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Sports Marketing: The Athlete’s Brand and its Components

By Athena Constantinou, Managing Director, APC Sports Consulting, Nicosia, Cyprus Whilst some athletes are simply popular because of their sporting prowess and achievements, there are others who have gone the extra mile and created a ‘killer’ personal brand that can always be utilised by themselves and others for profit and influence. Indeed, a personal sports brand can be built in such a way as to transform the athlete into a local, national or even a global signature brand, which can be successfully leveraged and commercialised profitably. The sports celebrity brand has three identifiable main components which are vital in the potential influence of the sports brand to its audience and fan base.  These components are:

  • Athletic Performance;
  • Attractive Appearance; and
  • Marketable Lifestyle

Each of the above components consists of several sub-components which must be thoroughly analysed, interpreted and utilized accordingly when creating the sports persona’s brand strategy. The overall appeal of the athlete’s image can be evaluated by analysing the components of their image from a consumer’s point of view; this is quite a useful evaluation tool for brands looking to recruit the best celebrity athlete as their brand ambassador. Analysing an athlete’s brand image components helps brands to determine the massiveness and extent of the appeal that celebrity athletes have with their fans, and the potential ability to influence their fans’ purchasing habits. In addition, by analysing their brand image components and sub-components, celebrity athletes can create suitable strategies for the optimum commercial exploitation of their celebrity status. The main components of an athlete’s brand image and their sub-components are discussed in more detail as follows: Athletic performance reflects an athlete’s sport performance related features.  Usually an excellent athletic performance is a prerequisite in building the athlete’s personal sports brand.  The first touch point of athletes with fans is usually through their on-the-field performance; an excellent performance always catches the eye of spectators and sports fans and triggers the curiosity to learn more about a high performing athlete.  Athletic performance has several sub-components which can be utilised when building the personal sports brand and are as follows:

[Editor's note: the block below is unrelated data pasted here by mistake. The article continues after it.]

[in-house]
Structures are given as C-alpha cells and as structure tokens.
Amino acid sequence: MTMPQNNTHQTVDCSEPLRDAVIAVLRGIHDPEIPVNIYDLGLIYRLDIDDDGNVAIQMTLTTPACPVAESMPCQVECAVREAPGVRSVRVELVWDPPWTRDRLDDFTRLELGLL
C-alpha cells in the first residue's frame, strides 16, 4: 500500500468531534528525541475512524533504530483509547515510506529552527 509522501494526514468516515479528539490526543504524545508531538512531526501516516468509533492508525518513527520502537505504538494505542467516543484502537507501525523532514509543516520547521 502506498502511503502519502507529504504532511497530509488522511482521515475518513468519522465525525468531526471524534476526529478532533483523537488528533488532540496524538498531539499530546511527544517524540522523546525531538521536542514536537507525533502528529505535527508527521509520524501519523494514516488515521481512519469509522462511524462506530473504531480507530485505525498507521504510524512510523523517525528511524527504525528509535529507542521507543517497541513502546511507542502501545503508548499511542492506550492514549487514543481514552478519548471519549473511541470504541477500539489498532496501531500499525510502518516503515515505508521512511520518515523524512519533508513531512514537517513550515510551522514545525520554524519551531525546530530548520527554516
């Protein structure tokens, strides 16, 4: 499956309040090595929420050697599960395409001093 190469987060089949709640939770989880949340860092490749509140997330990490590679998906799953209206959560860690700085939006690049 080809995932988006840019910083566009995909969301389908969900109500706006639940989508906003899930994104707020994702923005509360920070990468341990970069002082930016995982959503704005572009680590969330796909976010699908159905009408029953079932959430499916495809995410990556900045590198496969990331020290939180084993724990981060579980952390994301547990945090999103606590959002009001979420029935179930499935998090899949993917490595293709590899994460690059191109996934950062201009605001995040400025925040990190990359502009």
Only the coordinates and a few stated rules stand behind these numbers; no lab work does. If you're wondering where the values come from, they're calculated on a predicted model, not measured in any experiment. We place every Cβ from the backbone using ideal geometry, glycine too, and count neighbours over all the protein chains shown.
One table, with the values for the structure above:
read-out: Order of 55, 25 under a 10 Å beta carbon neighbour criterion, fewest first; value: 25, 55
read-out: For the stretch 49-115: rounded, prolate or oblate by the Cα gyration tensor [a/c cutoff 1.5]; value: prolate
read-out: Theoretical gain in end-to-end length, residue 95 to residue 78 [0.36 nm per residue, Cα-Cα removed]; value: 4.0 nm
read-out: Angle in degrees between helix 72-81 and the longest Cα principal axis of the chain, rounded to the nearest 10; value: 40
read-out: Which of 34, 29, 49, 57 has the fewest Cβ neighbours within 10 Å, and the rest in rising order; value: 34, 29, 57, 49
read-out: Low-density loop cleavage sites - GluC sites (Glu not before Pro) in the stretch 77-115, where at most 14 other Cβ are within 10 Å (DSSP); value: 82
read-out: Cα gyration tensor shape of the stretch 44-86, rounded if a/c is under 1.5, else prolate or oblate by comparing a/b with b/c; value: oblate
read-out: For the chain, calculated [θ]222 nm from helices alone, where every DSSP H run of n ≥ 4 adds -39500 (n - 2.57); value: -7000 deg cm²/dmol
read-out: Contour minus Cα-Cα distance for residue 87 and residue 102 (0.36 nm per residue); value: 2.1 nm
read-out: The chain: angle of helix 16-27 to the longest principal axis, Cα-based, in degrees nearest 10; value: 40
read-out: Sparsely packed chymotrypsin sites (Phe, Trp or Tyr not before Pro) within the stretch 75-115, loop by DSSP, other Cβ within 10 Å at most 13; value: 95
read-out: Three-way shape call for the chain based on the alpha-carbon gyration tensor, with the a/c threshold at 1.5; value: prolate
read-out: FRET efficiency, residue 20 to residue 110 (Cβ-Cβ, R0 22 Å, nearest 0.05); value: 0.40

• Athletic Expertise – An athlete’s individual athletic capability and achievement. A perfect example of this is Lebron James, whose athletic achievements have made him well-known beyond the United States.
  • Competition Style – An athlete’s sports playing style. The soccer player Cristiano Ronaldo is considered to have an aggressive competition style; whereas Lionel Messi is considered to be mild when competing, yet very swift and effective on the field.
  • Sportsmanship – How the athlete approaches the game, i.e. with respect for the game, abides by fair play rules, and so on. The tennis player Roger Federer is considered to have a gentlemanly attitude both on and off the tennis court and his sportsmanship is recognised to be of the highest standard.